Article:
The young lions move lazily in the afternoon heat. After an active morning running, chasing and playing, they bump and bumble, stumbling over heavy feet.
They gather together, lowering their bodies to the ground, pushing against each other as they stretch to find a comfortable position. Gradually, the wriggling and shuffling stops, muscles relax, breathing slows and a hush descends.
Here and there an unexpected movement - a stretching leg, a twitching nose, an eye slowly opening to scan the group for signs of restlessness before lazily drifting closed once more.
A lone fly drifts through the still afternoon air, breaking the silence with its droning zzzz-zzzz and causing muscles to flinch in irritation as it tries to settle on an ear or neck or shoulder.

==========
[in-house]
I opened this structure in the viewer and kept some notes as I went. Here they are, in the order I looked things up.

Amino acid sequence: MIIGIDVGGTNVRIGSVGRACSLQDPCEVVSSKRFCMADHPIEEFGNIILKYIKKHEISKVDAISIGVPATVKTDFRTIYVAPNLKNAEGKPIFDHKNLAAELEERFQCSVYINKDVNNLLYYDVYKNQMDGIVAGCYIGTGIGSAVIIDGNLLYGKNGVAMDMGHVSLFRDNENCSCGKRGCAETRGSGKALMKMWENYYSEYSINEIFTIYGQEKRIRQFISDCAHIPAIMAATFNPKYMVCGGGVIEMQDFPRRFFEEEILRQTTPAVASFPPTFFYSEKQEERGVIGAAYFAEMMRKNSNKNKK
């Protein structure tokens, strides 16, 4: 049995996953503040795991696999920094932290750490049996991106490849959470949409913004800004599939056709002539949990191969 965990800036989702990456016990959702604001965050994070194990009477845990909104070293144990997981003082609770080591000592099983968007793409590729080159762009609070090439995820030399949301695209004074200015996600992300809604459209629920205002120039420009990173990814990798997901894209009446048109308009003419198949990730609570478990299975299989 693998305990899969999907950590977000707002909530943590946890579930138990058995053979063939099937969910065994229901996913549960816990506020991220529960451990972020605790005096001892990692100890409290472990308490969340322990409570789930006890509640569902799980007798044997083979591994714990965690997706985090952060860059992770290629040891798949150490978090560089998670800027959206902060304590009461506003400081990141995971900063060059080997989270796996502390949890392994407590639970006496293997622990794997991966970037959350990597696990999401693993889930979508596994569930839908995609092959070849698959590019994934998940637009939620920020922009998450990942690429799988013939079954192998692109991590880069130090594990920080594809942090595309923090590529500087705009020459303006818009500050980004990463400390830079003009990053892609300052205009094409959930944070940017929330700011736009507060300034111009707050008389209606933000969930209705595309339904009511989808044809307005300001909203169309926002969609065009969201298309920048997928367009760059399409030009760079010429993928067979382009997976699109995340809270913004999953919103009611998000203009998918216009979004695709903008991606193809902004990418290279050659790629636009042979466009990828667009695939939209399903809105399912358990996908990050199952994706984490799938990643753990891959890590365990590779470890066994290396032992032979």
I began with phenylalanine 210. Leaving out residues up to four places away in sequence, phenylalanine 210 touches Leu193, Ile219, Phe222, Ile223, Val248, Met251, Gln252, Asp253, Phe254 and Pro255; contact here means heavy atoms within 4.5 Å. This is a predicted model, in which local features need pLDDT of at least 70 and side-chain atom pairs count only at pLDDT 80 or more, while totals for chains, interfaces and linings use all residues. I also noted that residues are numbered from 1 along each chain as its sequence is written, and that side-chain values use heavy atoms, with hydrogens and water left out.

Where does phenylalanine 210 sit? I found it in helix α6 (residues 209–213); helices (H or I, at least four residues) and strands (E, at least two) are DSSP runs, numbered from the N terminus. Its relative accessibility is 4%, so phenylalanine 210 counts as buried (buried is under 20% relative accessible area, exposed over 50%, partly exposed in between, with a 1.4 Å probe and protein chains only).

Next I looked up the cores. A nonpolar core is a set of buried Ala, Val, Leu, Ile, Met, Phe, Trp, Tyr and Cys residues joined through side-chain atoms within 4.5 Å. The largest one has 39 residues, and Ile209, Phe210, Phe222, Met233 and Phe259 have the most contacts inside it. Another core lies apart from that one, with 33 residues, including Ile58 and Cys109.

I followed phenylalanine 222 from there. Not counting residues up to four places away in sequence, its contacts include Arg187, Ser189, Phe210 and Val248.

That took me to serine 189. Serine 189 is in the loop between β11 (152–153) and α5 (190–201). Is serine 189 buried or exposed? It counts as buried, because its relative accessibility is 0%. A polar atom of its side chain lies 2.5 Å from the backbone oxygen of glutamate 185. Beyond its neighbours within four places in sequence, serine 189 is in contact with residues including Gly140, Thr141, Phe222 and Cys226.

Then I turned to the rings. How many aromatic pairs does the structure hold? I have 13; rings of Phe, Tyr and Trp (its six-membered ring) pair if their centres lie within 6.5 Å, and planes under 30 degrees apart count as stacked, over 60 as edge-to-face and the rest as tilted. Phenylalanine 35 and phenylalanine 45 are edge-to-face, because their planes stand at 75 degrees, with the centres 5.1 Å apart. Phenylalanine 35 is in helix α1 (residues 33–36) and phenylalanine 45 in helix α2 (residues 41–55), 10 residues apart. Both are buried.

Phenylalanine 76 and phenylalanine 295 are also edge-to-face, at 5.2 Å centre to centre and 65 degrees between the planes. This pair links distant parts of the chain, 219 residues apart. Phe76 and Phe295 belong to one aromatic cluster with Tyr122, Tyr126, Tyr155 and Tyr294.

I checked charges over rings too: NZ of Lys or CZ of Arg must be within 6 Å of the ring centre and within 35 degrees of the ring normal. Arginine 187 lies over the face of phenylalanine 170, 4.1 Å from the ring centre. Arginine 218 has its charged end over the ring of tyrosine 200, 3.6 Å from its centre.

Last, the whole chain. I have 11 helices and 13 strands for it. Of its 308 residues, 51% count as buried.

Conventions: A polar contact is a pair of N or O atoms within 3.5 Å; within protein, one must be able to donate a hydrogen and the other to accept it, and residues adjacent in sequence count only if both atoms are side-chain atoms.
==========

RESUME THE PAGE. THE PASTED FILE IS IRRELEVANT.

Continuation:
The lions rest.
A sudden movement. A body springs upright from amidst the dozIng crowd. Startled, some eyes pop open to observe the fuss more closely while others snuggle more deeply into their sleepy haze.
'How much longer will we play this game, Miss Harrison? I need to go to the toilet!'
The silence is broken, heads lift, eyes open, fingers wriggle. Little girls giggle and boys laugh out loud. One or two bodies remain curled up in blissful slumber until bumped by their companions. Noise and activity and energy return and the 'sleeping lions' are nowhere to be seen… until kindergarten nap time tomorrow.
Susan Whelan is a freelance writer and enthusiastic reader. She dreams of being a published children's non-fiction author and thinks that Sleeping Lions is quite possibly the most brilliant quiet time game ever invented. You can find out more about Susan at her blog, Reading Upside Down.
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